The forgotten accounts of Stalingrad. Die Stalingrad-Protokolle. Jochen Hellbeck and his Protocols. Interview.

2 Feb 2013

  Die Stalingrad-Protokolle was compiled by German historian Jochen Hellbeck, professor at Rutgers University in New Jersey, who gained access to the archives at the Soviet Academy of Sciences in Moscow, where he found several thousand interviews with Second World War Red Army soldiers. Hellbeck1

 Mr. Professor, could you briefly tell us the story of the “Stalingrad Protocols” and why they remained in the archives for so many years?

 The Stalingrad Protocols emerged as the result of the work of the Moscow’s Commission of historians. A small delegation was sent to Stalingrad in December 1942 before the battle was over. They collected hundreds of interviews to the Defenders of Stalingrad. They talked to commanders, famous people, but also simple soldiers and civilians. All together they created a huge documentary imprint that was then hidden, because it is about the people’s war. That was good for the regime during the conflict when the regime needed the people backing. But after the war Stalin claimed the victory just for himself. These documents were dangerous for him and they disappeared.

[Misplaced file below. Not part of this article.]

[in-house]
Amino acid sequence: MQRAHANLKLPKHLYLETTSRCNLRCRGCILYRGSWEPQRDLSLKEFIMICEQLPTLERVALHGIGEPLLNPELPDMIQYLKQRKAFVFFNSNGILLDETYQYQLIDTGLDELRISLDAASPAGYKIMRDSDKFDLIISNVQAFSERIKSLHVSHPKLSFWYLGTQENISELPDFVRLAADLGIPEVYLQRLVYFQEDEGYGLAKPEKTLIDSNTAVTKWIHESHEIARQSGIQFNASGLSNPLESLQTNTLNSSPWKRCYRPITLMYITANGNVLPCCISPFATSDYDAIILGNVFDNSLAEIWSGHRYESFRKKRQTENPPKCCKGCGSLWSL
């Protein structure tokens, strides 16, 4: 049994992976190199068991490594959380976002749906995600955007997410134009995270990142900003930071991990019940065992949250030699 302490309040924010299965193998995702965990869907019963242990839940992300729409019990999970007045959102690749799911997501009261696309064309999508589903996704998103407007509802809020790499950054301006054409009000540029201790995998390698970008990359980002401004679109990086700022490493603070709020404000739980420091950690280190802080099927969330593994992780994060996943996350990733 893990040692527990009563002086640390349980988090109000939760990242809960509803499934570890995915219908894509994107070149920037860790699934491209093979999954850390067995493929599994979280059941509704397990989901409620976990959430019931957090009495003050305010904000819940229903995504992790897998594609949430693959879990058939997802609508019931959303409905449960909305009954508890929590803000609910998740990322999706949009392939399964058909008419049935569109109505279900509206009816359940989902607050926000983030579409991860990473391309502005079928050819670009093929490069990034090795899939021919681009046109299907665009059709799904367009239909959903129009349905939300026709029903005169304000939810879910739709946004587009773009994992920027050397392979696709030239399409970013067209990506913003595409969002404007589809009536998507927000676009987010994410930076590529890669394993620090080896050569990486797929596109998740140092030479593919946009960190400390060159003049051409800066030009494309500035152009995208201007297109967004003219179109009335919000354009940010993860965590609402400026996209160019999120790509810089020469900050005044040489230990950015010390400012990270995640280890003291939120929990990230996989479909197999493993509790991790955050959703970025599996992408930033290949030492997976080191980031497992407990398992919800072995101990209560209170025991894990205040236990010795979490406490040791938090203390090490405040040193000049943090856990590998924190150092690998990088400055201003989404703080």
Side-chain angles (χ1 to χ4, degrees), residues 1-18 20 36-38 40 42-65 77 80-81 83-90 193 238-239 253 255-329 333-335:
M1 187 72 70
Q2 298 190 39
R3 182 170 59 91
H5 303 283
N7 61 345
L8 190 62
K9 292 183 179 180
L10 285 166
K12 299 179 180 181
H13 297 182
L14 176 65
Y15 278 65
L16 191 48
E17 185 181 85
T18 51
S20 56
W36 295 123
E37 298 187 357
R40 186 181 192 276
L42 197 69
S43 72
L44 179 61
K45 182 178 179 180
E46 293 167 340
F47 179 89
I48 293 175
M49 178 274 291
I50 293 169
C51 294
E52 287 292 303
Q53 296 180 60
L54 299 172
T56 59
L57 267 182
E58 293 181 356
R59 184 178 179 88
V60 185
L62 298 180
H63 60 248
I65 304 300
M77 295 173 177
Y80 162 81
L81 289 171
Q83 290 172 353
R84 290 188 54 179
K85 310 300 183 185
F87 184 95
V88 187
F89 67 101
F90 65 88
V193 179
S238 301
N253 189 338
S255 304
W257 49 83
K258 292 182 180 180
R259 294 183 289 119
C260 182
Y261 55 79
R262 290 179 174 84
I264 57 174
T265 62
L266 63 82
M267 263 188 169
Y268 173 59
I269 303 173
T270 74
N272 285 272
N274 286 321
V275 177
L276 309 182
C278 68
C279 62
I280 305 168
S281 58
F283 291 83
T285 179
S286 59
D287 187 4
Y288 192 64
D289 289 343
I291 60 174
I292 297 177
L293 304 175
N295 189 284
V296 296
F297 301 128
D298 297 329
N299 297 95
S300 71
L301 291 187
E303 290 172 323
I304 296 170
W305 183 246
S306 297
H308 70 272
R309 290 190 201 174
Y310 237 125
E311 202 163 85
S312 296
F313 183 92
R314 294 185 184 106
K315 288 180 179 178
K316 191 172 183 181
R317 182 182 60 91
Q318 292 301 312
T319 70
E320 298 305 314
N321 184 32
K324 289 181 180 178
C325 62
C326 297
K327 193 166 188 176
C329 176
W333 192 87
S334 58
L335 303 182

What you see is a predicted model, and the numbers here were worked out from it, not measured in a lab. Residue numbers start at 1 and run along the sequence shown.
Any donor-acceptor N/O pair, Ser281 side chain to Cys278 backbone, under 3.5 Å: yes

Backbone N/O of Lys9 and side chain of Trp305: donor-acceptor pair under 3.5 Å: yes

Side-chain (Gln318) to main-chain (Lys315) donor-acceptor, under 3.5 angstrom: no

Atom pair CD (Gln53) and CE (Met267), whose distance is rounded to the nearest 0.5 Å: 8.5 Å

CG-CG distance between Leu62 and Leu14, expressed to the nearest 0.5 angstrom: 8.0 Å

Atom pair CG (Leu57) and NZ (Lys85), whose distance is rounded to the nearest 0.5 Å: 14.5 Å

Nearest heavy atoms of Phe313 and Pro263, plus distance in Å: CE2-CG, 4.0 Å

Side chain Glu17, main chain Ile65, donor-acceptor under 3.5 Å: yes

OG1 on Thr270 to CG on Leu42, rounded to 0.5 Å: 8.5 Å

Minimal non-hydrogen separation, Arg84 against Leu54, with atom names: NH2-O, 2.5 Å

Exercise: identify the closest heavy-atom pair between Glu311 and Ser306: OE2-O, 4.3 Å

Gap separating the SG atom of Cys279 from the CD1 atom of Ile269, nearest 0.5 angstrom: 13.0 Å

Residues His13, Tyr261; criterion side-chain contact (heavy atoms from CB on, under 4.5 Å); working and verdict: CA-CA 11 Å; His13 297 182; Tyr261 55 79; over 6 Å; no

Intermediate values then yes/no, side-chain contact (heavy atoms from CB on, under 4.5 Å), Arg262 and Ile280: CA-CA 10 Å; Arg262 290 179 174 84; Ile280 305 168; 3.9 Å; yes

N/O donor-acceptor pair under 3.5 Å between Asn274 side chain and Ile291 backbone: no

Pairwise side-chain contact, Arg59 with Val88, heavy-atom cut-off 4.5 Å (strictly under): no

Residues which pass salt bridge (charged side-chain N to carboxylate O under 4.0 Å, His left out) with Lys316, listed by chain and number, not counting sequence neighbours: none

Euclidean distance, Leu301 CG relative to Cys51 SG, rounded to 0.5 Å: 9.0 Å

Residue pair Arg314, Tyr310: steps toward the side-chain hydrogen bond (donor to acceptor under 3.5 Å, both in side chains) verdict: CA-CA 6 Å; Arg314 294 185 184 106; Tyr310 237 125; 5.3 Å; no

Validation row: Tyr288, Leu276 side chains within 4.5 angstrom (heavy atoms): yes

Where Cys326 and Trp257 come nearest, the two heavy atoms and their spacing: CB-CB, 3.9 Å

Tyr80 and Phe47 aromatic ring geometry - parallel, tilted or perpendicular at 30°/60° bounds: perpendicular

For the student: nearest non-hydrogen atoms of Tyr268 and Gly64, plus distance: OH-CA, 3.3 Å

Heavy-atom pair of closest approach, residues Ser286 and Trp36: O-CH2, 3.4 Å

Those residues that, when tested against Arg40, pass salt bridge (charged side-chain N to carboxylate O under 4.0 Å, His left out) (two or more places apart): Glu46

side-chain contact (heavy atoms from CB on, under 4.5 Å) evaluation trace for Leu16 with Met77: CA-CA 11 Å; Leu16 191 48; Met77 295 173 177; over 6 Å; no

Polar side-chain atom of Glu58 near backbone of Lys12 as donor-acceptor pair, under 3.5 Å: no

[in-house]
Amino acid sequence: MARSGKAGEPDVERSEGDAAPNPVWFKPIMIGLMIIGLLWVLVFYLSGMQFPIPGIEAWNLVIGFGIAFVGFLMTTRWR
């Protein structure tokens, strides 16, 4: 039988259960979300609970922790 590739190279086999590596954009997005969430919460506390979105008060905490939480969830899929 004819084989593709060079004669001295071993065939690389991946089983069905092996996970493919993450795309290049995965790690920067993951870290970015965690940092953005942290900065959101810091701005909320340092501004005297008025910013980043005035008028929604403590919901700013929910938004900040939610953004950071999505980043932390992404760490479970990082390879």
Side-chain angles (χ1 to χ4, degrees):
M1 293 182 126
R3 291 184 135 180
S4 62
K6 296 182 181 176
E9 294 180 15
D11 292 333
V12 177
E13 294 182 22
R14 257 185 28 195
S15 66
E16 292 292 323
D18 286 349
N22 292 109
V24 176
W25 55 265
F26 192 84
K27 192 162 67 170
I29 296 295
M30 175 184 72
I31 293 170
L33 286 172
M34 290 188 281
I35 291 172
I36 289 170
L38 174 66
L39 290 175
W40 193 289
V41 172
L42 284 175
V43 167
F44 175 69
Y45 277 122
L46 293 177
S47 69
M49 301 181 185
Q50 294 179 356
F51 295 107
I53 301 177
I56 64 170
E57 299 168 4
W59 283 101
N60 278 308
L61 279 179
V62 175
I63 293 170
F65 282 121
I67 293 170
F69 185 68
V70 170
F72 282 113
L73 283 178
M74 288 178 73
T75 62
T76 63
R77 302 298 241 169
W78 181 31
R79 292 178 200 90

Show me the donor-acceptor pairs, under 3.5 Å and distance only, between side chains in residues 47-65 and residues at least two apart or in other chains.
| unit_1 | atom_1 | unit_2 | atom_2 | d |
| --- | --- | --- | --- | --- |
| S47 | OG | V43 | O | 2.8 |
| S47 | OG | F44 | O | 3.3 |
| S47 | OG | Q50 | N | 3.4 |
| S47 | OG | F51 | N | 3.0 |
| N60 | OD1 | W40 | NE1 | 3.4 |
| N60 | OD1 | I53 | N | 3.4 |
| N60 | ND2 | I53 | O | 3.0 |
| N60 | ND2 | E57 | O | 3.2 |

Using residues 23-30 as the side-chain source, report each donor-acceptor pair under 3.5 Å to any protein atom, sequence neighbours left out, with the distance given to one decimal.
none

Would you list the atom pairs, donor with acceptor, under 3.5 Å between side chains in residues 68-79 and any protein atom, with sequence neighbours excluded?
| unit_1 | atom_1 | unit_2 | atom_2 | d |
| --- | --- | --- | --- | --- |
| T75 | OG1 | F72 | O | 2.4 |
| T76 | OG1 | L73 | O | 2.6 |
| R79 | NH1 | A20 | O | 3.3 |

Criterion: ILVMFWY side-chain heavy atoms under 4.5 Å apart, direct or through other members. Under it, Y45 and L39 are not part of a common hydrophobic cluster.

* * * Author: Giuseppe D’Amato

 Jochen3inglese – Interview

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